Early medication abortion
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What to expect, how it works and the possible side effects of a early medication abortion
An early medication abortion can occur by using two medications, mifepristone and misoprostol to cause the pregnancy to miscarry.
Since its first use in 1988, mifepristone has been safely used by millions of women and pregnant people world-wide with approximately 95 to 98% experiencing a successful abortion.
An individual medication regimen will be discussed with you at your consultation appointment and this may vary for different patients.
You can expect to be at a health facility for approximately two hours on your initial visit where you will be assessed by a health worker and doctor and then take the first medication. You will be able to return to work or resume your normal daily activities until you begin the second dose of tablets 24-48 hours later. It is recommended you have a support person with you once you take the second lot of medications.
A tablet, mifepristone, blocks the action of progesterone, a hormone essential for pregnancy. This changes the lining of the uterus preventing the pregnancy from continuing. It opens the cervix and increases the sensitivity of the uterus to the second medication
The second medication misoprostol, also taken orally, is administered up to 48 hours after the first medication, causing the uterus to contract, assisting the expulsion of the pregnancy tissue.
These two medications will not prevent an ectopic pregnancy from growing. An ultrasound and a blood test are essential to exclude ectopic pregnancy prior to an early medication abortion.
These medications cause cramping, pain and bleeding, usually after one to six hours of taking the Misoprostol tablets. Pain can vary from mild period type pain to severe cramping and pain. For most people the pain can be managed by pain relieving medication.
Bleeding can vary from light spotting to a very heavy flow with blood clots and pregnancy tissue. The duration of the bleeding can also vary – most people will experience spotting for two to six weeks after the procedure, however, if there is stop/start bleeding a review by your medical practitioner is recommended.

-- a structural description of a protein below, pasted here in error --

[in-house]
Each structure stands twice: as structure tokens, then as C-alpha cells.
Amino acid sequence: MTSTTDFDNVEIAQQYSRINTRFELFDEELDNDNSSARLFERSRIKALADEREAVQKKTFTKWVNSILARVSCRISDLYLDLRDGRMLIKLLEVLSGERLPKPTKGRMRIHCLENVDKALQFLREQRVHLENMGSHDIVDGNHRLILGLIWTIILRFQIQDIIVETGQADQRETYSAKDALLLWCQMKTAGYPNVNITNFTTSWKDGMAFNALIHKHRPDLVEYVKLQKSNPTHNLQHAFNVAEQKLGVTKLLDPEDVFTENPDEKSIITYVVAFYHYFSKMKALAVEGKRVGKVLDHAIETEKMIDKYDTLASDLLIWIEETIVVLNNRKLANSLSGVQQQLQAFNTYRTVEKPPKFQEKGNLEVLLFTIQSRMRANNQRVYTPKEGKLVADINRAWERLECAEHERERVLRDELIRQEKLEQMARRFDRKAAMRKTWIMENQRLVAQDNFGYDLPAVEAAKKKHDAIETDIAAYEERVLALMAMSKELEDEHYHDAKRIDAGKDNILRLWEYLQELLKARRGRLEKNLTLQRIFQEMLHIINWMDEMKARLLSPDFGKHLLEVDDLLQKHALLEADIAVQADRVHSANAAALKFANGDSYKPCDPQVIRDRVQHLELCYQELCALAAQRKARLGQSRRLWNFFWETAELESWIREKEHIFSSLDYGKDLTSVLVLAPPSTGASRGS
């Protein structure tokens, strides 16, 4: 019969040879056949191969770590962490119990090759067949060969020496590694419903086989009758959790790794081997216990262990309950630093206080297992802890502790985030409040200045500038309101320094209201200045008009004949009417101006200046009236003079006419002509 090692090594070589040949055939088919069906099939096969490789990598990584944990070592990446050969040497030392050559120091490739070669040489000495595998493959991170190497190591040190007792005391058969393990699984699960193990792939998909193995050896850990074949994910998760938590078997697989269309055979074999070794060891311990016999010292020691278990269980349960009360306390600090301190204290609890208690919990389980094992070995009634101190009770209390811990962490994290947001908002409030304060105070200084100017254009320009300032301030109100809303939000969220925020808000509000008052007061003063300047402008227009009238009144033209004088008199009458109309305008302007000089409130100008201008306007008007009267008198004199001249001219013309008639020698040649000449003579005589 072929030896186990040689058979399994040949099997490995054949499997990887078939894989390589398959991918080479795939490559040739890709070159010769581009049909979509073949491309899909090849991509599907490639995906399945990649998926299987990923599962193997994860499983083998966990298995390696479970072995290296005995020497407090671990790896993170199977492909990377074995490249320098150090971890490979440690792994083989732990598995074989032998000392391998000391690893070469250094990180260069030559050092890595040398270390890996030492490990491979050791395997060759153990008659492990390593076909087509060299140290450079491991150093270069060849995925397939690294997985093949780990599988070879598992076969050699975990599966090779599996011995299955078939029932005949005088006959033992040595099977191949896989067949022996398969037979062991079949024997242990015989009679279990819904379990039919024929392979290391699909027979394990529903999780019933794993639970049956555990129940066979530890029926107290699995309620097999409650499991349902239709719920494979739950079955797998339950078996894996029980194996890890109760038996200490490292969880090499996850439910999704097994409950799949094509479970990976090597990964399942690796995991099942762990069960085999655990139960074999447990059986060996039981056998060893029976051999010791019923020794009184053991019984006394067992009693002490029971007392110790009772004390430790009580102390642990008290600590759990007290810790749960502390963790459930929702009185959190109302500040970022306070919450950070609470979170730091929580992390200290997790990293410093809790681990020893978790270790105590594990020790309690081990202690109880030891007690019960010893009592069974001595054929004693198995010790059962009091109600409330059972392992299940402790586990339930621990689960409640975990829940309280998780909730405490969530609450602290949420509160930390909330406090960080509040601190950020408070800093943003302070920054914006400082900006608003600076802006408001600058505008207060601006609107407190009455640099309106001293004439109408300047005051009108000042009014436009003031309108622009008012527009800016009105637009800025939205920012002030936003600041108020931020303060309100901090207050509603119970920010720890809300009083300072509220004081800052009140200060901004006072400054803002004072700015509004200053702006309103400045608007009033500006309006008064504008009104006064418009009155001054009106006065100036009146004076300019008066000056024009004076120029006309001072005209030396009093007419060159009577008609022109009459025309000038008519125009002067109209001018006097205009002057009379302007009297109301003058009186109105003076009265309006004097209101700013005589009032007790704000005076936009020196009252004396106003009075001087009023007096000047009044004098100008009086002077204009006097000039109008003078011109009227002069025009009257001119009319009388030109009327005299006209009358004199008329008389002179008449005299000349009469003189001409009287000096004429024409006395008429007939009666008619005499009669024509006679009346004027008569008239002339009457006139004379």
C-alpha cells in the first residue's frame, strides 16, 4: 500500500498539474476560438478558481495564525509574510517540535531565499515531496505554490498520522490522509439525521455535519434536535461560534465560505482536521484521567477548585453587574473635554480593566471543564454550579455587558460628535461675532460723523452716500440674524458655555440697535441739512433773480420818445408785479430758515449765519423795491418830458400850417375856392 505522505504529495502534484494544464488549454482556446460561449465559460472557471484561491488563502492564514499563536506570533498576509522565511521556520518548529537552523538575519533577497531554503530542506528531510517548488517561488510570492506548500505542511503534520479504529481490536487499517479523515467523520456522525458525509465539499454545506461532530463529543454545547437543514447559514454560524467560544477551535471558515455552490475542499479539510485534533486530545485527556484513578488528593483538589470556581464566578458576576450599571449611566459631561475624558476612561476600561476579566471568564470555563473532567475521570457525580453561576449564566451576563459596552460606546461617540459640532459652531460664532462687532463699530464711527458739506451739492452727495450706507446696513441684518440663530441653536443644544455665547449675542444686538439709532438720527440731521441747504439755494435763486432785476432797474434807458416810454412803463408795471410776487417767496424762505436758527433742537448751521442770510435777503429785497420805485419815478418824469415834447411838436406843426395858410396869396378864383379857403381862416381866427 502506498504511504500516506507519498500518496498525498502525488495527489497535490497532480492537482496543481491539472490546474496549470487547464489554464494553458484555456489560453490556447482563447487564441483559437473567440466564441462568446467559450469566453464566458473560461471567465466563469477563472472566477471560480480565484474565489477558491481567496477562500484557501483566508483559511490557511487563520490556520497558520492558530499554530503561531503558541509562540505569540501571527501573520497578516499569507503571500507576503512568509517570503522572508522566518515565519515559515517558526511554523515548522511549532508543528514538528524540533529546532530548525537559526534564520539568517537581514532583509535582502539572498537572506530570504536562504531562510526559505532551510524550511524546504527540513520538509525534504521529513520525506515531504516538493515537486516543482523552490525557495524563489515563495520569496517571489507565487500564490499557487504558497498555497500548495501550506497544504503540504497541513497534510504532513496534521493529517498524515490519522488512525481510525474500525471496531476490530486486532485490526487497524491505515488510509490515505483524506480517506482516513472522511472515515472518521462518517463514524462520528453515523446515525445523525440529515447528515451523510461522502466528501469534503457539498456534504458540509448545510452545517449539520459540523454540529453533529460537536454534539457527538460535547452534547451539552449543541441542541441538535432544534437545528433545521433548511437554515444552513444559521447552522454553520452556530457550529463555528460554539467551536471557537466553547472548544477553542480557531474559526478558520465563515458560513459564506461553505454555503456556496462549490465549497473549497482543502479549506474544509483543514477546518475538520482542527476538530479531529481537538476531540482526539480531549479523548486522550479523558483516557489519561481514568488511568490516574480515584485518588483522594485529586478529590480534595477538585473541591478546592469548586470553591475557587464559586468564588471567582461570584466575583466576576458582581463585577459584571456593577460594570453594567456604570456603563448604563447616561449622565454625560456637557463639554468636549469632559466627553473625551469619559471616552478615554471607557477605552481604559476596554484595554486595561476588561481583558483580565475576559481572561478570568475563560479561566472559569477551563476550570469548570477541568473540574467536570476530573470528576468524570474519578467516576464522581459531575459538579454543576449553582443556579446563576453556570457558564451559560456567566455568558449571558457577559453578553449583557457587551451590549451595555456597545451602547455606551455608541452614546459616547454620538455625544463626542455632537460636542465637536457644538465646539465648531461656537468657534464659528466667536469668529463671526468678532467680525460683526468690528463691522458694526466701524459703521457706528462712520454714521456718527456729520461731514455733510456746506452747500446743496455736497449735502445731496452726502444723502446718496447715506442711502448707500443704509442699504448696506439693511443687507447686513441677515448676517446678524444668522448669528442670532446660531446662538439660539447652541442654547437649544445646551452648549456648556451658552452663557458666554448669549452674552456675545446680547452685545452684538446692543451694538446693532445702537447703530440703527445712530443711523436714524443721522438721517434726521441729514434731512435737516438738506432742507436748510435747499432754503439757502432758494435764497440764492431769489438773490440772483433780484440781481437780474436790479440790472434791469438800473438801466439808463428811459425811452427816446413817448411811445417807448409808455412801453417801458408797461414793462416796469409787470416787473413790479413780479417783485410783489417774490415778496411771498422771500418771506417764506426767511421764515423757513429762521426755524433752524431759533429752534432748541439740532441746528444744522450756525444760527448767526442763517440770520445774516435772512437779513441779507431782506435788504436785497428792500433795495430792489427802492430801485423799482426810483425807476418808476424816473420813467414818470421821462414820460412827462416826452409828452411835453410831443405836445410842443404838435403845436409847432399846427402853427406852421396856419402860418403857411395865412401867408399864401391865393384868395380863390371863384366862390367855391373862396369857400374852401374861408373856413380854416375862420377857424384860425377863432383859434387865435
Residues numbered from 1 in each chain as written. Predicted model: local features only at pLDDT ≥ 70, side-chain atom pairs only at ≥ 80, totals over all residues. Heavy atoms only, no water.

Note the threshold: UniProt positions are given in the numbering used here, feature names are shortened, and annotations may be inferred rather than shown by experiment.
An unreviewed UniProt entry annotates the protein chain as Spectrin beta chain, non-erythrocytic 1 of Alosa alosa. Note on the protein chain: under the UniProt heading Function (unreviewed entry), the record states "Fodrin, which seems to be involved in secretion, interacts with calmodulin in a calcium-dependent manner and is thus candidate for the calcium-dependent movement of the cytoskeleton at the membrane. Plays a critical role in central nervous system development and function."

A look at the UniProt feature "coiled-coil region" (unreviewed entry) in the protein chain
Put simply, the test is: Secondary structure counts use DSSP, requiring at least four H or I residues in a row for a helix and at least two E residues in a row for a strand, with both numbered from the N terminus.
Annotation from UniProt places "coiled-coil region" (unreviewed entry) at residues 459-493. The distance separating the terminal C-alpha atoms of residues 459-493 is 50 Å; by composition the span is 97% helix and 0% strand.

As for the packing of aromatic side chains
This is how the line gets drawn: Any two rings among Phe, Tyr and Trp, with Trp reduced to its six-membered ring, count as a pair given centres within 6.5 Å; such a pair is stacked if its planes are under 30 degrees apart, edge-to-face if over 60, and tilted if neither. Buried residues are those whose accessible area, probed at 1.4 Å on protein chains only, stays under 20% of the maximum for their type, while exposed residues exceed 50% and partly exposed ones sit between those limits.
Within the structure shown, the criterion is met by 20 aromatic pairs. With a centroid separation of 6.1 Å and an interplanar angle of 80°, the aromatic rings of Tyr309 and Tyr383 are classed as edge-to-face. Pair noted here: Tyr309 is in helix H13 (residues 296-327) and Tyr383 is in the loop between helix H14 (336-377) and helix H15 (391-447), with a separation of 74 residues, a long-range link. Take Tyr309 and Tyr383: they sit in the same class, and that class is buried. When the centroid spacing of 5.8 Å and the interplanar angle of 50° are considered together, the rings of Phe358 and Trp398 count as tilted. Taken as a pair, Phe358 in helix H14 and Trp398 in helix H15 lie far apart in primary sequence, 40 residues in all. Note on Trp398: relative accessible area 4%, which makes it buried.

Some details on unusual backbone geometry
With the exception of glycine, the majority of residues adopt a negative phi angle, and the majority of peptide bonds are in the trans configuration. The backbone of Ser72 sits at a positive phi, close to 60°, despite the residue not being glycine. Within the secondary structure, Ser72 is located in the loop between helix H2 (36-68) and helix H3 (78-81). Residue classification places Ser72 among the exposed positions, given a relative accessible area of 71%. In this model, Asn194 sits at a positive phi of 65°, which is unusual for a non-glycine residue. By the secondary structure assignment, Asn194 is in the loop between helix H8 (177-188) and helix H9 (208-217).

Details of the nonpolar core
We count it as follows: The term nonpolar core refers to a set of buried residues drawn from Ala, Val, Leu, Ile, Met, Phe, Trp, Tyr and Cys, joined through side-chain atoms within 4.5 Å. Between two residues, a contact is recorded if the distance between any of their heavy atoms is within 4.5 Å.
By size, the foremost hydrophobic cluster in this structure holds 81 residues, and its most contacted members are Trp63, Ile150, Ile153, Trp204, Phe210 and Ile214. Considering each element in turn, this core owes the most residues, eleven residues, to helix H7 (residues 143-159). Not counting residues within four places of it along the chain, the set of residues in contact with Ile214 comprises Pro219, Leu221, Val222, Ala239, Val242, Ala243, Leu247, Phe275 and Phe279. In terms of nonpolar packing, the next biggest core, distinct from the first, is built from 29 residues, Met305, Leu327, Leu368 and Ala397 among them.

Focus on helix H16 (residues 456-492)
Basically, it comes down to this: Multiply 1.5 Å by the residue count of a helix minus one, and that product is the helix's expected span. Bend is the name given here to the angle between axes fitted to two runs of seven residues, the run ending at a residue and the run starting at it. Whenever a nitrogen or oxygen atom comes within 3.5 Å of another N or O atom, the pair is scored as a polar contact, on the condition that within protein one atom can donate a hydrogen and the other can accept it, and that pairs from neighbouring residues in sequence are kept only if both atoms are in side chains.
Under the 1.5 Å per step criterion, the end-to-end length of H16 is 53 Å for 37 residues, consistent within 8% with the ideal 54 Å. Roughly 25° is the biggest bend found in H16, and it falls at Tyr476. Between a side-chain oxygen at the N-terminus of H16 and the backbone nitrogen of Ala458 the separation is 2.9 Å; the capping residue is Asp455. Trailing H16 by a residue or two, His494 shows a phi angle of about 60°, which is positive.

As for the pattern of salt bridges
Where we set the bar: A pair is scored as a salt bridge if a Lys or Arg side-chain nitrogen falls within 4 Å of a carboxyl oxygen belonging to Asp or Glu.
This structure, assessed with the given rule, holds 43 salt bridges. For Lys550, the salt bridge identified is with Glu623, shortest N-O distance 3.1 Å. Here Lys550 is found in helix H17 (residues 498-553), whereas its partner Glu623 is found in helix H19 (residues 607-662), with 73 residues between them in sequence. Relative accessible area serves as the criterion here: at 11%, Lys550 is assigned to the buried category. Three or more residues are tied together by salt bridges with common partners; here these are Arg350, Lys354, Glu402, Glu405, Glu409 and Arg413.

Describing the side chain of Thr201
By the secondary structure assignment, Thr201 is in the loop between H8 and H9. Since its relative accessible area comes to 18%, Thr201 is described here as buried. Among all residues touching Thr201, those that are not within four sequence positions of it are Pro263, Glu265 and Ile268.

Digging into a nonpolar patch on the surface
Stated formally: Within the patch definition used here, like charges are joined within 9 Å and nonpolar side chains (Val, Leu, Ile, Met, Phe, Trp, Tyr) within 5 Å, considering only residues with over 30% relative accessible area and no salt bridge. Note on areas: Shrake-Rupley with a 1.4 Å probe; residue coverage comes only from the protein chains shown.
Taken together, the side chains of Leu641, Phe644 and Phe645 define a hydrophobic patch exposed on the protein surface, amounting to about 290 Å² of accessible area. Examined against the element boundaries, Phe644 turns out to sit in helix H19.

Headaches, nausea or vomiting can occur along with chills and or flushes.
Continuing pregnancy: minimal bleeding and continuing pregnancy symptoms can mean the pregnancy is still present. This occurs in about 1% of early medication abortions and requires a follow up surgical termination.
Continuing pain and bleeding: for approximately 2% of patients having an early medication abortion, the tissue will not be completely expelled from the uterus and pain/bleeding can persist. A surgical procedure, known as a curette may be needed in these circumstances.
Future fertility: early medication abortion does not reduce the chance of becoming pregnant again. Fertility can return again as early as two weeks after an abortion and need to consider contraception as soon as the current pregnancy is over.
A low sensitivity urine pregnancy test after an early medication abortion checks that the abortion is successful. A blood test or an ultrasound may also be used to confirm the abortion is completed.
24 hours telephone support is available for patients who have an early medication abortion procedure. For more information, see the unplanned pregnancy page.